Another primary design choice when defining Enemies is how players can Overcome or avoid them after they have begun to actively oppose them. There may be many ways to do this, which may change during gameplay, often mirroring the way the Enemies can effect the players. For example, Evade goals can allow players to avoid Penalties the Enemies can cause but only if these are caused by them succeeding with Aim & Shoot actions, Connection goals, or similar (and for this reason this pattern is seen as modulating Evade rather than instantiating it - it is the threat of Penalties that is more important). For more challenging Enemies, and especially Boss Monsters, players may have to complete several subgoals before having the chance to challenge the Enemies at all. Typical ways of overcoming Enemies are by Elimination (most often in the form of Aim & Shoot as in first-person shooters such as the Doom series), by permanently making Interferable Goals impossible or by converting through succeeding with Gain Ownership goals. Internal Rivalry is a way to use Diegetic Consistency as a way restrict the ways Enemies can struggle against each other. Related to overcoming Enemies is the effect of doing so has. Besides fulfilling any eventual goals, the handing out of Experience Points and Loot are common design solutions (and may be expected by players in certain genres, e.g. Roleplaying Games) and the latter makes Enemies into potential Resource Sources.
For Enemies to actively oppose players they do need some kind of behavior, which can either be controlled by humans or by predetermined structures (i.e. Algorithmic Agents). Other humans (as players or Dedicated Game Facilitators) ofter the most unpredictable behavior, so in many cases the most challenging Enemies are found in Multiplayer Games but Algorithmic Agents can also be made very challenging by having Privileged Abilities or more information (i.e. the game has Asymmetric Information), but this easily conflicts with players' sense of Player Balance and quite likely also with Determinable Chance to Succeed, especially when this makes the effect of the Algorithmic Agents' actions into Ultra-Powerful Events. By definition, Dedicated Game Facilitators and Game Masters can provide unbeatable Enemies since they can enforce Ultra-Powerful Events whenever they wish, but this is tempered by their assumed goal of making players have somewhat of a Determinable Chance to Succeed and an Exaggerated Perception of Influence.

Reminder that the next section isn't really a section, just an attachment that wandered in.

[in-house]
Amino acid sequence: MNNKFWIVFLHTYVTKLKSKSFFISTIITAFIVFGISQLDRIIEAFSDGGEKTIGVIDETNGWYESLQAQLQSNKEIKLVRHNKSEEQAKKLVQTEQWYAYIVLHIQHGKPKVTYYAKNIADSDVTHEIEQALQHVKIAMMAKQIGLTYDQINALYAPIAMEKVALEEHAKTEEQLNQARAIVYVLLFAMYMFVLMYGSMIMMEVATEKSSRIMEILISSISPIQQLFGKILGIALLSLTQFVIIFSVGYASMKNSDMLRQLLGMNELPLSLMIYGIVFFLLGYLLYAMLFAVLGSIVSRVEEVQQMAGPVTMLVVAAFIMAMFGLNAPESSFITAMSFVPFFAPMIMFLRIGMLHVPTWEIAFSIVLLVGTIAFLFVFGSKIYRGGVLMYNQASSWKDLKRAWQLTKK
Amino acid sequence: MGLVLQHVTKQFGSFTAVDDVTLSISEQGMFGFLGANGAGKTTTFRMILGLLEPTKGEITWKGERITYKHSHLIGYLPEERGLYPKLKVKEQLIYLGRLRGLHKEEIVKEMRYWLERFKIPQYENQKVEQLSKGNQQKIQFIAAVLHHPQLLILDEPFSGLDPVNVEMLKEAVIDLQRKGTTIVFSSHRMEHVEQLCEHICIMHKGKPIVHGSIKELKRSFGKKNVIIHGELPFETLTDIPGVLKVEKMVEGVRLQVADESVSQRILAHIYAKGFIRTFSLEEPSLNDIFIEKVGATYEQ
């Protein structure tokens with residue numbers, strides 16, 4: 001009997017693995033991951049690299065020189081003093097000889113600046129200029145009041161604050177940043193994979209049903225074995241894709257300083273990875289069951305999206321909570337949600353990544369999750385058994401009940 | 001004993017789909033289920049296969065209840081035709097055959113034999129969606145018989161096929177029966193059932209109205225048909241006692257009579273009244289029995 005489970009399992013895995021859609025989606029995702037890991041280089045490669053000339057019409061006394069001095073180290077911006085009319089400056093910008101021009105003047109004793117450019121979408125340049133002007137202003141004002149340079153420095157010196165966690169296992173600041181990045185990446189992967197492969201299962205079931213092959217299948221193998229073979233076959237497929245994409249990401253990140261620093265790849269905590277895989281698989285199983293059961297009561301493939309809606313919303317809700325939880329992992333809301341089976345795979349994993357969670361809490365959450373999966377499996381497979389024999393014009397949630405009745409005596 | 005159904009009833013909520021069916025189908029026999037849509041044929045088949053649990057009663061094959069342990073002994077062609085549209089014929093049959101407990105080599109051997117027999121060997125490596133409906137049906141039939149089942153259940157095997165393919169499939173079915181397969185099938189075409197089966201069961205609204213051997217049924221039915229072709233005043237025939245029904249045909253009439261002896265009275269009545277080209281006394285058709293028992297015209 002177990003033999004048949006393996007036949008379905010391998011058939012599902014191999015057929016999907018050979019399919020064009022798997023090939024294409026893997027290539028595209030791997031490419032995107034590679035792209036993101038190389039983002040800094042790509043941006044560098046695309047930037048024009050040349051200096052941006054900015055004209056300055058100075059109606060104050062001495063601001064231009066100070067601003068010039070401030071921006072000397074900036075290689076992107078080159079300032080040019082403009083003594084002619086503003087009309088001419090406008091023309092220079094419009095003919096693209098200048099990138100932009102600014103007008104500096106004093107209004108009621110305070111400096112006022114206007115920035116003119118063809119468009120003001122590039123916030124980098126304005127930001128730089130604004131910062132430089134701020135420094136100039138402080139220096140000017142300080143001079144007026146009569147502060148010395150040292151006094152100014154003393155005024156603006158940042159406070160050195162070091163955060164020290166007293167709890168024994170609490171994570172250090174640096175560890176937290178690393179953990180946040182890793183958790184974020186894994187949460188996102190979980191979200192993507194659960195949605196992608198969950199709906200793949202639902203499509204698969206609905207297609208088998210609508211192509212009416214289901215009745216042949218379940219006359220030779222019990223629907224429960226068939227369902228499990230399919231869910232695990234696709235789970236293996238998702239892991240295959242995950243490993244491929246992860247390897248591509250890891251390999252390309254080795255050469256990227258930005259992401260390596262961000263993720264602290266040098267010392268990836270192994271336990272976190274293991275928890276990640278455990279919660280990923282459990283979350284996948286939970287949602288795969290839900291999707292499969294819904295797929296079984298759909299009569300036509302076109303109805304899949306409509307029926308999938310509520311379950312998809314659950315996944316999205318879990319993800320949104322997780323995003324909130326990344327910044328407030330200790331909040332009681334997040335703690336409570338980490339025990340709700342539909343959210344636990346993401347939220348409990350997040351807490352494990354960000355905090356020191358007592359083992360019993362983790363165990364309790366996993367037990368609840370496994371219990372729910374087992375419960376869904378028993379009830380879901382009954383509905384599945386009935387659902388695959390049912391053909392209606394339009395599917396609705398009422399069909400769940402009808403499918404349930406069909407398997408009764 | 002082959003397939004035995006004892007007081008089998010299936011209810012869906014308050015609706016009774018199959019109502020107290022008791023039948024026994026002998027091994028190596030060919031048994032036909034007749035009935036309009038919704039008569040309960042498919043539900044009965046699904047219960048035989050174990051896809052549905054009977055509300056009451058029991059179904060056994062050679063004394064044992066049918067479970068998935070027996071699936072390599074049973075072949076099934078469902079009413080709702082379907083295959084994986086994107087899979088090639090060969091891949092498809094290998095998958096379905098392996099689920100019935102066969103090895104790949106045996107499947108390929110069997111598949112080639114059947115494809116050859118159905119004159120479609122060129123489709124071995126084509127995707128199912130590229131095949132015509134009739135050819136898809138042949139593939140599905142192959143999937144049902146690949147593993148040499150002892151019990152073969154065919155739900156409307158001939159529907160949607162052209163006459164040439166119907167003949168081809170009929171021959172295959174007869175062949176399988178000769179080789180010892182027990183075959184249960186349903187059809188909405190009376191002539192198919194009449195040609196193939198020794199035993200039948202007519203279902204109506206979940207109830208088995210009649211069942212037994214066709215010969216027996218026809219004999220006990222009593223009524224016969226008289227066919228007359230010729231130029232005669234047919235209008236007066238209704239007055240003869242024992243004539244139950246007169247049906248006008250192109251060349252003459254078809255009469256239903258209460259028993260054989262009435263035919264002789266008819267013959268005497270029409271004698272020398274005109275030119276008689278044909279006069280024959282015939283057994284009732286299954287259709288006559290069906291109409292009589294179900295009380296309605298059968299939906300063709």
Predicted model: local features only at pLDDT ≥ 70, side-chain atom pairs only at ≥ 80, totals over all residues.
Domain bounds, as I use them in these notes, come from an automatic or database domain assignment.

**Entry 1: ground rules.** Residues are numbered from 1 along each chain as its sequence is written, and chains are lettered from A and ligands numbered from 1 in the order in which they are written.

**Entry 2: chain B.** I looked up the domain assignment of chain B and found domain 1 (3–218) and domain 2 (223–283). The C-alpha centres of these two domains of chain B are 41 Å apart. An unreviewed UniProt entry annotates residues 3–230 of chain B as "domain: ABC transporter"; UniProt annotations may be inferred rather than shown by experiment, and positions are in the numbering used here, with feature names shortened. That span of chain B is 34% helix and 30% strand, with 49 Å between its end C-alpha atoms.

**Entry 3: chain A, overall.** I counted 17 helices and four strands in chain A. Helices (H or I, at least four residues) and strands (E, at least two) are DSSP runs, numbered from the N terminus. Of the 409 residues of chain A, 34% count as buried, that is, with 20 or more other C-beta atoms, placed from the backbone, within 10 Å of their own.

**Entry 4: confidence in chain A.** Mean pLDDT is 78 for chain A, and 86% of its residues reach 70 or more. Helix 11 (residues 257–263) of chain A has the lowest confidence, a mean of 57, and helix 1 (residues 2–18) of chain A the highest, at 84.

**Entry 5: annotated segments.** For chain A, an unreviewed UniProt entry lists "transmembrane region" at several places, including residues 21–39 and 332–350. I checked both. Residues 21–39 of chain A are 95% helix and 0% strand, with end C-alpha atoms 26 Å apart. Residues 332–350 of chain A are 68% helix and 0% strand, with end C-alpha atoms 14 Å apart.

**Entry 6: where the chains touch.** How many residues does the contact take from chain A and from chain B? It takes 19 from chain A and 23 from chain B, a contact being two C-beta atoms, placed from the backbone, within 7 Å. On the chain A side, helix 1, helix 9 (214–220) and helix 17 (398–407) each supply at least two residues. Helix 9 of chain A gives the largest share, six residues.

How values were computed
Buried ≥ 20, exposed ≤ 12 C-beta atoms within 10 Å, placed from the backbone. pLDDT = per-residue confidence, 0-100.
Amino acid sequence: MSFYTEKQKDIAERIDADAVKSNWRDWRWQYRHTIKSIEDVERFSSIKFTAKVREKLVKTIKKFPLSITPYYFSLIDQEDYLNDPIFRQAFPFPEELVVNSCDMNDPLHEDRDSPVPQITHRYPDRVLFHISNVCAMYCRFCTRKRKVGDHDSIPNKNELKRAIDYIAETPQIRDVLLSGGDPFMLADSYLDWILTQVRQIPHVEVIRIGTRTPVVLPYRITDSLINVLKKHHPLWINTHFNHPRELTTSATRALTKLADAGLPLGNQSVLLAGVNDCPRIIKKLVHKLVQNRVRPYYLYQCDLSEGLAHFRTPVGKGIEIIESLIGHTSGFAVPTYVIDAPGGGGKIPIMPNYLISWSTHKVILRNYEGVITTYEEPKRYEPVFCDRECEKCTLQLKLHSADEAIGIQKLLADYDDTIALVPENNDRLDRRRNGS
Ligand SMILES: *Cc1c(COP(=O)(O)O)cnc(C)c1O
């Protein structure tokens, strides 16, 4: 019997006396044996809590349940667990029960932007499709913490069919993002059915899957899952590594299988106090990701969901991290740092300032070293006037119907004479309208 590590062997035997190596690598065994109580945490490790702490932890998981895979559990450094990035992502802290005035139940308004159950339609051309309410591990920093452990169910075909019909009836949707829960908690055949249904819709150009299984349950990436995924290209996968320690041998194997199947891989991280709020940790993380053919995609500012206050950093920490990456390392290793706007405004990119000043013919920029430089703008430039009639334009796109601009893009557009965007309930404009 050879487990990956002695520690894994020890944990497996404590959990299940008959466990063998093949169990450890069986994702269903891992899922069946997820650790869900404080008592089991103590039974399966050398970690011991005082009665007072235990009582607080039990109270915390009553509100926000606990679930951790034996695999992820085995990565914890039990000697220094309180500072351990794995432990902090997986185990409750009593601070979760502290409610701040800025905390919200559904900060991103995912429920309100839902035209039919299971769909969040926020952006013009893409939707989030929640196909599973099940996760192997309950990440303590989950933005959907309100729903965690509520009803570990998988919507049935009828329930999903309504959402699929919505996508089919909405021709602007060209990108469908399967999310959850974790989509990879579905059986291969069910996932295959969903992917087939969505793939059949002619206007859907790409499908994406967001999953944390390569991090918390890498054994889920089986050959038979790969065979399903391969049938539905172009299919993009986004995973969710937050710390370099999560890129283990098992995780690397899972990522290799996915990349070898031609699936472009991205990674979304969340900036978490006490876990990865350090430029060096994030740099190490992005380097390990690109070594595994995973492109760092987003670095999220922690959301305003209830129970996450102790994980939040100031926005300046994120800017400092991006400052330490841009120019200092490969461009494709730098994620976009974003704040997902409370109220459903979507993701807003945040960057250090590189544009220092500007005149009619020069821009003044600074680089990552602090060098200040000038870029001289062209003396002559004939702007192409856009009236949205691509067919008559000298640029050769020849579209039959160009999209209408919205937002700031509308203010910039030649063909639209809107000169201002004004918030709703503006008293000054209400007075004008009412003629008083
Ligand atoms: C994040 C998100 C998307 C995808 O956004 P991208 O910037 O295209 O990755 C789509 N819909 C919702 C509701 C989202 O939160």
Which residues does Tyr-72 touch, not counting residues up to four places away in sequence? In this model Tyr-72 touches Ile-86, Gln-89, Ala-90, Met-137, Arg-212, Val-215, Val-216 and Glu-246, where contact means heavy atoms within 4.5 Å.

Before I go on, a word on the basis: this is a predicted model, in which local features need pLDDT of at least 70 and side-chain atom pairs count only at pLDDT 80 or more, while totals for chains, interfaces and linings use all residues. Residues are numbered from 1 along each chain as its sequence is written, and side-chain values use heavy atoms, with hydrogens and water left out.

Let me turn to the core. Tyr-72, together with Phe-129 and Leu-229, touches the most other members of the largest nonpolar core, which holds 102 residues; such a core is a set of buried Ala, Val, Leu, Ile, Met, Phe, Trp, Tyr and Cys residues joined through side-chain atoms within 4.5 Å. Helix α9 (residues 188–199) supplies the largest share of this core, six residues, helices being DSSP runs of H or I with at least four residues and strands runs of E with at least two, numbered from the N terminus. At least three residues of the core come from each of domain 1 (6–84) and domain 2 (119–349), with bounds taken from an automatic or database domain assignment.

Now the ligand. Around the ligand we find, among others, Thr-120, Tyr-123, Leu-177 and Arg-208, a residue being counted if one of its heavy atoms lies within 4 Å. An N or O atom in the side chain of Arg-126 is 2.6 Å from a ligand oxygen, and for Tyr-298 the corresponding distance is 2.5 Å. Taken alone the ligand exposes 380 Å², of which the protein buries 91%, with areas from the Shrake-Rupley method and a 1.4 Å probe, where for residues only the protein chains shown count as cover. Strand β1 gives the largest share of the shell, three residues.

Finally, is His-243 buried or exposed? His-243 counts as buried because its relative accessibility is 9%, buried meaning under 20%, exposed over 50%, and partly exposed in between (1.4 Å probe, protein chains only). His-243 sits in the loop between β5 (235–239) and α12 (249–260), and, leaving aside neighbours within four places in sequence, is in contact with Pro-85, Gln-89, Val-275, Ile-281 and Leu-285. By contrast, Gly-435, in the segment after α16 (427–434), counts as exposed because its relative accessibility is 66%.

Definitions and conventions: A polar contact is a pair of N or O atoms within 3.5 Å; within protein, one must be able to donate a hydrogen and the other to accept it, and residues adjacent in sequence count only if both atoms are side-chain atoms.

The difficulty of Enemies can be modulated by giving them Improved or Privileged Abilities compared to other Enemies, and this is one way to create Boss Monsters - the other being to create powerful Non-Player Characters as Enemies. Specific ways of improving Enemies includes changing their Stats and Skills, equipping them with Tools (that can become Rewards if they are Transferable Items), giving them Privileged Movement compared to the players, penalizing players with No-Ops, or simply changing how many Enemies are met. All these can be used to provide Challenging Gameplay, and this be further increase (and adding Complex Gameplay and Varied Gameplay) by using Orthogonal Differentiation to give different Enemies different abilities. One example of this is the inclusion of the Arch-vile in Doom 2 and Doom 3 which can revive other dead Enemies or summon more respectively, and the priest of Age of Empires and monks of Age of Empires 2 that can convert enemy Units. Invulnerabilities can easily make Enemies hard - or too hard - to Overcome but can be used to force non-violent solutions; For Boss Monsters the pattern can also be used to force players to first complete a sub goal which makes them vulnerable. Vulnerabilities and Achilles' Heels can instead make the Enemies easier to Overcome as can No-Ops applied on them, but these may require players to complete Gain Information goals first. Achilles' Heels can also required players' to engage in Varied Gameplay to take advantage of the enemy weaknesses. Clues in the form of their appearances, behavior and the Traces they have left in the game environment can help support this search for information. Randomness can of course also be applied on the factors which determines the Enemies difficulty. When this is done, it introduces Uncertainty of Information and a certain level of Varied Gameplay, and can motivate Gain Information goals.
Since setting the right difficulty of enemies can be hard to in advanced, especially with games which supports Gameplay Mastery, it may be desired to be able to adjust the difficulty in direct conjunction to the gameplay. Difficulty Levels put this in the hands of the players and can let them choose between Casual and Challenging Gameplay if the range of difficulties is large enough. Dynamic Difficulty Adjustment makes use of algorithms to modify the difficulty of the game during gameplay depending on player performance or number of players. Game Masters can modulate players' Determinable Chance to Succeed not only on their actual chance to succeed but also what the players believe, but may also do so after the players have performed actions through Fudged Results.
Another aspect of Enemies is if they always behave in the same way or if they have different set of behaviors. Having Enemies in passive states, as for example some of the infected in the Left 4 Dead series, can provide players the opportunity to have a Freedom of Choice between Combat and Conceal (and thereby Stealth) goals. The same goes for Enemies that patrol areas with Guard goals, except that this create more Complex Gameplay. Players may not need to choose any of these, but if the Enemies populate the environment needed to cross to complete Traverse goals, a choice can be forced from them. Games providing these different states have the possibility of using Alarms, either as Traps which players can set off or to give players the Preventing Goals of hindering the Enemies to activate the Alarms when they have detected something. Enemies that flee when hurt or outnumbered may provide Diegetic Consistency while at the same time also making it possible to have Capture or Eliminate goals before they heal, regroup, or get reinforcements. Passive Enemies also allow players to try and engage in Stealing Transferable Items from them.